Why is this not "Acque Terme"?

Acqui Terme on a map

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    Why would it be “Acque Terme”? – DaG Sep 14 '18 at 9:27
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    The attribute “Terme” has been added to the preexisting toponym of several towns as a form of advertising: Abano, Montecatini, Equi, Boario and so on. This happened also to German places which added “Bad” in front of their name (Bad Kissingen, Bad Pyrmont, Bad Godesberg,…). – egreg Sep 14 '18 at 10:05
  • Ricardo answered why it doesn’t follow the expected grammar rule. In normal contemporary language, the ‘i’ ending is masculine plural and the ‘e’ is feminine plural. – WGroleau Sep 14 '18 at 16:35
  • @WGroleau: You seem to generalise from the nouns corresponding more or less to the first to Latin declensions. This is not the case, but there actually are feminine plurals in -i (reti, chiavi, fasi, travi and many more feminine terms with a singular in -e, mostly from third-declension Latin words). – DaG Sep 14 '18 at 20:08
  • As a Spanish speaker, I realize there are many exceptions, but I was using the majority for my generalization. One can't learn the exceptions without asking (or digging in dictionaries). Especially if one doesn't speak Latin. :-) – WGroleau Sep 14 '18 at 21:58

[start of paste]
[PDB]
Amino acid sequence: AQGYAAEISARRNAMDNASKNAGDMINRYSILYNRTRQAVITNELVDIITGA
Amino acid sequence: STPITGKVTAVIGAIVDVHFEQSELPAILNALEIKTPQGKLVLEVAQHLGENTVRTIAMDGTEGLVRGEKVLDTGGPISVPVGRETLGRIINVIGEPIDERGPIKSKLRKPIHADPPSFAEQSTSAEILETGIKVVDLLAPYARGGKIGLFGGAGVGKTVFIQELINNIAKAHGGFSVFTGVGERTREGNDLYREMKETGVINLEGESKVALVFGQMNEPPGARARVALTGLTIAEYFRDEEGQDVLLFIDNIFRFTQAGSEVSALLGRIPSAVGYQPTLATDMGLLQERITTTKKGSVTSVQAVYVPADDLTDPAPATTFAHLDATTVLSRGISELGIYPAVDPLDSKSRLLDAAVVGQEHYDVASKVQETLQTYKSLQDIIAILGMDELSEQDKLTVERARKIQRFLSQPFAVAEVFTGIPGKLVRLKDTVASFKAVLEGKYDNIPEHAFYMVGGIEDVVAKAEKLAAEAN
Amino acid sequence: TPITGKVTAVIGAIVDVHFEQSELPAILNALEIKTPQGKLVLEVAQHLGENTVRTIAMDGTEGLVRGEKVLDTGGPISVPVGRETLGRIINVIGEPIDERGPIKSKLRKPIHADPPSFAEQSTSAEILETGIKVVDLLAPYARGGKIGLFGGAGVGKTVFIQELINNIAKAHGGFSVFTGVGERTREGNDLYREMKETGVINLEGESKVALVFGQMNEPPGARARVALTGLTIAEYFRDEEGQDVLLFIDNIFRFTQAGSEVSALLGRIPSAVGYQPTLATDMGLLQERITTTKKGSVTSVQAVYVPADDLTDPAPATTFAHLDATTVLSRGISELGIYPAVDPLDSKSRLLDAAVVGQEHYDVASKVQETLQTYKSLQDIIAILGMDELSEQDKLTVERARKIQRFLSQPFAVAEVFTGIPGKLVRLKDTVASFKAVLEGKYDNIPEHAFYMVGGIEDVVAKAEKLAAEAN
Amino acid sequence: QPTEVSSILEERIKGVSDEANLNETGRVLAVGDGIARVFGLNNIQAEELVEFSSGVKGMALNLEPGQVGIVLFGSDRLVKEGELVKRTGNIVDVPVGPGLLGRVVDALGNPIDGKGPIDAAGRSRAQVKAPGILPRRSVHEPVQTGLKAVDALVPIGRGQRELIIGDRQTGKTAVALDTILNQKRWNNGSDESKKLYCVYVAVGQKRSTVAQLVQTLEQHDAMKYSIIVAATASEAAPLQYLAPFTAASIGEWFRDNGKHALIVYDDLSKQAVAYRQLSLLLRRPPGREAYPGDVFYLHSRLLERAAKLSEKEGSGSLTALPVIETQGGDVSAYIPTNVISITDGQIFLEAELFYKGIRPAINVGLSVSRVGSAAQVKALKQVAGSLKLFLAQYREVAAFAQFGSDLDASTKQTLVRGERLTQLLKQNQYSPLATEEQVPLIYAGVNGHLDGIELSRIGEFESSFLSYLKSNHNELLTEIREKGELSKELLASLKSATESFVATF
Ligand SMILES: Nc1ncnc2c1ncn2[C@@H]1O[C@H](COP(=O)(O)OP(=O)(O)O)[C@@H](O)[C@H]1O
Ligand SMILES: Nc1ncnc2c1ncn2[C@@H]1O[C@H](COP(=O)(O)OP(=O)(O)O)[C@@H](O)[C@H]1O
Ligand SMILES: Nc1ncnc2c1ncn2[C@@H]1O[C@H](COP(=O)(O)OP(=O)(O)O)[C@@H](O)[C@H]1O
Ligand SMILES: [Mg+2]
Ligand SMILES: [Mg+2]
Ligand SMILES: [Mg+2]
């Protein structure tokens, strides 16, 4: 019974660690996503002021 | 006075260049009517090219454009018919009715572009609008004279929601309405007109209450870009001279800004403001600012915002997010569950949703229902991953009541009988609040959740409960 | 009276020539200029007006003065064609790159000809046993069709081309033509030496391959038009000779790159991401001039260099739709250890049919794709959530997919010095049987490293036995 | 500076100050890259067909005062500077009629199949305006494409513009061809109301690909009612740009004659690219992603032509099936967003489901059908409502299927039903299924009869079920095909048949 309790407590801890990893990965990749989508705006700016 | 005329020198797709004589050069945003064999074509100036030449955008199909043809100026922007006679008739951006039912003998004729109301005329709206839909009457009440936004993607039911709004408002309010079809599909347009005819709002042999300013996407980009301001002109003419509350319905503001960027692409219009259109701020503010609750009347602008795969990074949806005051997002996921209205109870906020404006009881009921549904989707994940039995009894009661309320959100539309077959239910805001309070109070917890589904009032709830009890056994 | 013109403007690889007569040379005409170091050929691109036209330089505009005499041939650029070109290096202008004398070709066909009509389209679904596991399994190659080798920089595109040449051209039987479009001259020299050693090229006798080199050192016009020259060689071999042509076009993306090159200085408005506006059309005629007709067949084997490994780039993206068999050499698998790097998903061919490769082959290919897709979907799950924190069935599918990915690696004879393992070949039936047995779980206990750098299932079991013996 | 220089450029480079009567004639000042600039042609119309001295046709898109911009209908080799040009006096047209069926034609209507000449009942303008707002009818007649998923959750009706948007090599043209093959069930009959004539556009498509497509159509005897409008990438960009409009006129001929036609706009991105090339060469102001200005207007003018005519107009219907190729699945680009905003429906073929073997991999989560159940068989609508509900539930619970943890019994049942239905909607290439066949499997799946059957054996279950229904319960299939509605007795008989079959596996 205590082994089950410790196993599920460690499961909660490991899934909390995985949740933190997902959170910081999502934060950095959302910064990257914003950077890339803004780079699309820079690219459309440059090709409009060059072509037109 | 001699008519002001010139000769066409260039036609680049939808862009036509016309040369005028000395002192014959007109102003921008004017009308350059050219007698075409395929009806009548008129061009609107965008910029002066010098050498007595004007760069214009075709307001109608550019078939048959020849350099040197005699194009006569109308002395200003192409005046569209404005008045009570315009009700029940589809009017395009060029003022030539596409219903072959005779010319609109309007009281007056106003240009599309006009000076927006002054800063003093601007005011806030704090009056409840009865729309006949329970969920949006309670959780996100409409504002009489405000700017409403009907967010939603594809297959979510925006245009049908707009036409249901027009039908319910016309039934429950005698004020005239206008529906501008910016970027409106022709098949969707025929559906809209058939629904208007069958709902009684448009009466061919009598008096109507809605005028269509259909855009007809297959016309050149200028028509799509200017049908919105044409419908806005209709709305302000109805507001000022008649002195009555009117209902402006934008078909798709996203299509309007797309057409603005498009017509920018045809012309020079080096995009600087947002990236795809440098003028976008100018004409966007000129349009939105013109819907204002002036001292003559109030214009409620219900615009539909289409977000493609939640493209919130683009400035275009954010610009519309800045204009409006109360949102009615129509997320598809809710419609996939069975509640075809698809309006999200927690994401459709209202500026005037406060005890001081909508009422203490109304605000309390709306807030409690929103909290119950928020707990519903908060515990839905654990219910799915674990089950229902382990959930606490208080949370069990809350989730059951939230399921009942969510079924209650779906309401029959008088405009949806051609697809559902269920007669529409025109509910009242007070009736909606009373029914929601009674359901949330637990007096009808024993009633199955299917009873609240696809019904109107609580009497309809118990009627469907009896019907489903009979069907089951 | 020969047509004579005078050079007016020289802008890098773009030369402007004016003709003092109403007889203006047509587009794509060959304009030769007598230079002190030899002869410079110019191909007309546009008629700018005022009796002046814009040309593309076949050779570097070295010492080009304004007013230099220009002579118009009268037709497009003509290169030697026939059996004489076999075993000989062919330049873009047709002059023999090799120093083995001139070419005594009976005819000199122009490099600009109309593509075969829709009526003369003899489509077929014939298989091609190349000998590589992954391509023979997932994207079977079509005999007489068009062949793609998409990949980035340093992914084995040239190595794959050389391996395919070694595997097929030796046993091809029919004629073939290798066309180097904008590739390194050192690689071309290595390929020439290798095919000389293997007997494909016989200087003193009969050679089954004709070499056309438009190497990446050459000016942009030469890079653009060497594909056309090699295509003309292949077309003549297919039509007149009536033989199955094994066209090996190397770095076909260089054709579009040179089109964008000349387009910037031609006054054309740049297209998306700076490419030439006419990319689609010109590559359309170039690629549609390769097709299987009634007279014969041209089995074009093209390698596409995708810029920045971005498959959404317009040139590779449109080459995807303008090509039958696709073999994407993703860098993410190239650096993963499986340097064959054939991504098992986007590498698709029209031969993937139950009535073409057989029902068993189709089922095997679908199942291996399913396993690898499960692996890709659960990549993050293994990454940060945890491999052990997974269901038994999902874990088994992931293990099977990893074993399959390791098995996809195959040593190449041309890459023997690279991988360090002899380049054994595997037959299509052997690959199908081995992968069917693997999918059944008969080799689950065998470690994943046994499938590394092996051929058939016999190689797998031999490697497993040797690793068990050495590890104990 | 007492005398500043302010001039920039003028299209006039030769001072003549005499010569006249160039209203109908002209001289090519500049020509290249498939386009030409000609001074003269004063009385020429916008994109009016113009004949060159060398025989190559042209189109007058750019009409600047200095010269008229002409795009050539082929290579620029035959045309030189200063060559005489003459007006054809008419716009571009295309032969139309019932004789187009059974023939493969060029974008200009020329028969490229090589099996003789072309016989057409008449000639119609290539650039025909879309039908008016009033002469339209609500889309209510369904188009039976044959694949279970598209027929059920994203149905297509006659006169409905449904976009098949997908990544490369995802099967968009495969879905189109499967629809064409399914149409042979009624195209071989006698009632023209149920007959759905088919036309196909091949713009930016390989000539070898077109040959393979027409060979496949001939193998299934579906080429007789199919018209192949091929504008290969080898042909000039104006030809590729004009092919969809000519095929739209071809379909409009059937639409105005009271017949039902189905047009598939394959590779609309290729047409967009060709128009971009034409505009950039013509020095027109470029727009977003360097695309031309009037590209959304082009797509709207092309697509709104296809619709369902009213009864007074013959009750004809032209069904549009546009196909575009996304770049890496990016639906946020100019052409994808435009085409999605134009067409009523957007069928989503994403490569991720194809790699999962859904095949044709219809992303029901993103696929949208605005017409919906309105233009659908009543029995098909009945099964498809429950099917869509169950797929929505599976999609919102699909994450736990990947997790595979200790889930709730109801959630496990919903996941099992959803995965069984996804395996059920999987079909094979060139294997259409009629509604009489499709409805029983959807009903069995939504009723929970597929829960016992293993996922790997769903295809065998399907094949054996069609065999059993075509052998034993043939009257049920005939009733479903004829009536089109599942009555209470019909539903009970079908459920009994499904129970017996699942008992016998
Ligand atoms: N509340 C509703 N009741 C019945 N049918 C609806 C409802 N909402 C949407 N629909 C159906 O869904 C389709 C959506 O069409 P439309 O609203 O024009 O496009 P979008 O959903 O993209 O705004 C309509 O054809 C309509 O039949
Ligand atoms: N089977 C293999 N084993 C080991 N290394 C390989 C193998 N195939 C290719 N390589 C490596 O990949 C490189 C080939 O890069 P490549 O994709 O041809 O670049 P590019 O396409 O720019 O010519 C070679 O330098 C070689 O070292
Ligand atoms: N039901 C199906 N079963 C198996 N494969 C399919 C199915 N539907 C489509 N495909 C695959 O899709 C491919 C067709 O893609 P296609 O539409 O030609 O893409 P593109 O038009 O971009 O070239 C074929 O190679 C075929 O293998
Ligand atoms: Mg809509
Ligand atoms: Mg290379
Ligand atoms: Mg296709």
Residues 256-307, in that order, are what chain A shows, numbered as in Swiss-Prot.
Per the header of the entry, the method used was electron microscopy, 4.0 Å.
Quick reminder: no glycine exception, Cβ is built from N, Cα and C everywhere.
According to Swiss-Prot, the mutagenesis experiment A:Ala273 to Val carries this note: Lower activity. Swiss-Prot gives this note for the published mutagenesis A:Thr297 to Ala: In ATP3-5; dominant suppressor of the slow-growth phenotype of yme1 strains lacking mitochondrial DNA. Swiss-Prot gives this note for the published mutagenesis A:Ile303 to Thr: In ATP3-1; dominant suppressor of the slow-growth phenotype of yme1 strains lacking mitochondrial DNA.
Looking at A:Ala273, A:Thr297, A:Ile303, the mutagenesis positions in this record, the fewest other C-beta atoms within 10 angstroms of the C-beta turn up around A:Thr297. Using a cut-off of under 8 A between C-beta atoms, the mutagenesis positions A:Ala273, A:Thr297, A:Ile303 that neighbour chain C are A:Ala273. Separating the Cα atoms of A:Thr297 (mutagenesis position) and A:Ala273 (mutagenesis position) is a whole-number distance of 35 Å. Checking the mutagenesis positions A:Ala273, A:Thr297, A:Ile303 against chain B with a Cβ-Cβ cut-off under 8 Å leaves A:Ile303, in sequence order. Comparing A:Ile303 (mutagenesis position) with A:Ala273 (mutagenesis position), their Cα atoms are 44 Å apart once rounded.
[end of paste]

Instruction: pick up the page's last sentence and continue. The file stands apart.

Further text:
According to the website of the town http://comune.acquiterme.al.it/la-citta/noticia/la-storia-del-comune-di-acqui-terme, it was founded by Romans on the II century B.C. and the latin name was Aquae Statiellae.

From late antiquity it appears as Acquis that in vernacular will become then Acqui. This means that Acqui is not a different gender but a different latin case.

The second term "Terme" was added officially in 1956.


You got an excellent answer already, but I would like to point out more explicitly that in Acqui Terme the word Terme is not something that needs to agree with the name of the town, but rather a modifier that indicates the presence of thermal baths near the city.

This is in fact a relatively common phenomenon. Let me show you some examples

In the first two cases, this is also to advertise that the town is in a different location than the "main" town of the same name, and specifically on the beach front (Lido meaning coast and Mare meaning Sea). In the nearby coast you can see several more examples of this.

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    Great answer. I'd add, as modifiers to “main names”, Scalo too (as in Orte Scalo or Latina Scalo, where the railway station is not close to the town itself). – DaG Sep 14 '18 at 20:03
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    Many towns and villages changed their name after the unification of Italy in order to distinguish them; for instance the two ‘Arquata’ became ‘Arquata Scrivia’ and ‘Arquata del Tronto’ and, most notably, the two ‘Reggio’ became ‘Reggio nell'Emilia’ and ‘Reggio di Calabria’. Other additions were made to honor important citizens: the cited ‘Arquà Petrarca’ for Francesco Petrarca who lived in the village in his last years and is buried there; also ‘Sasso Marconi’ for Guglielmo Marconi and ‘Riese Pio X’ for the pope who was born there. – egreg Sep 16 '18 at 9:52
  • Let's not forget about Anticoli Corrado! :D – LinuxBlanket Sep 16 '18 at 23:46

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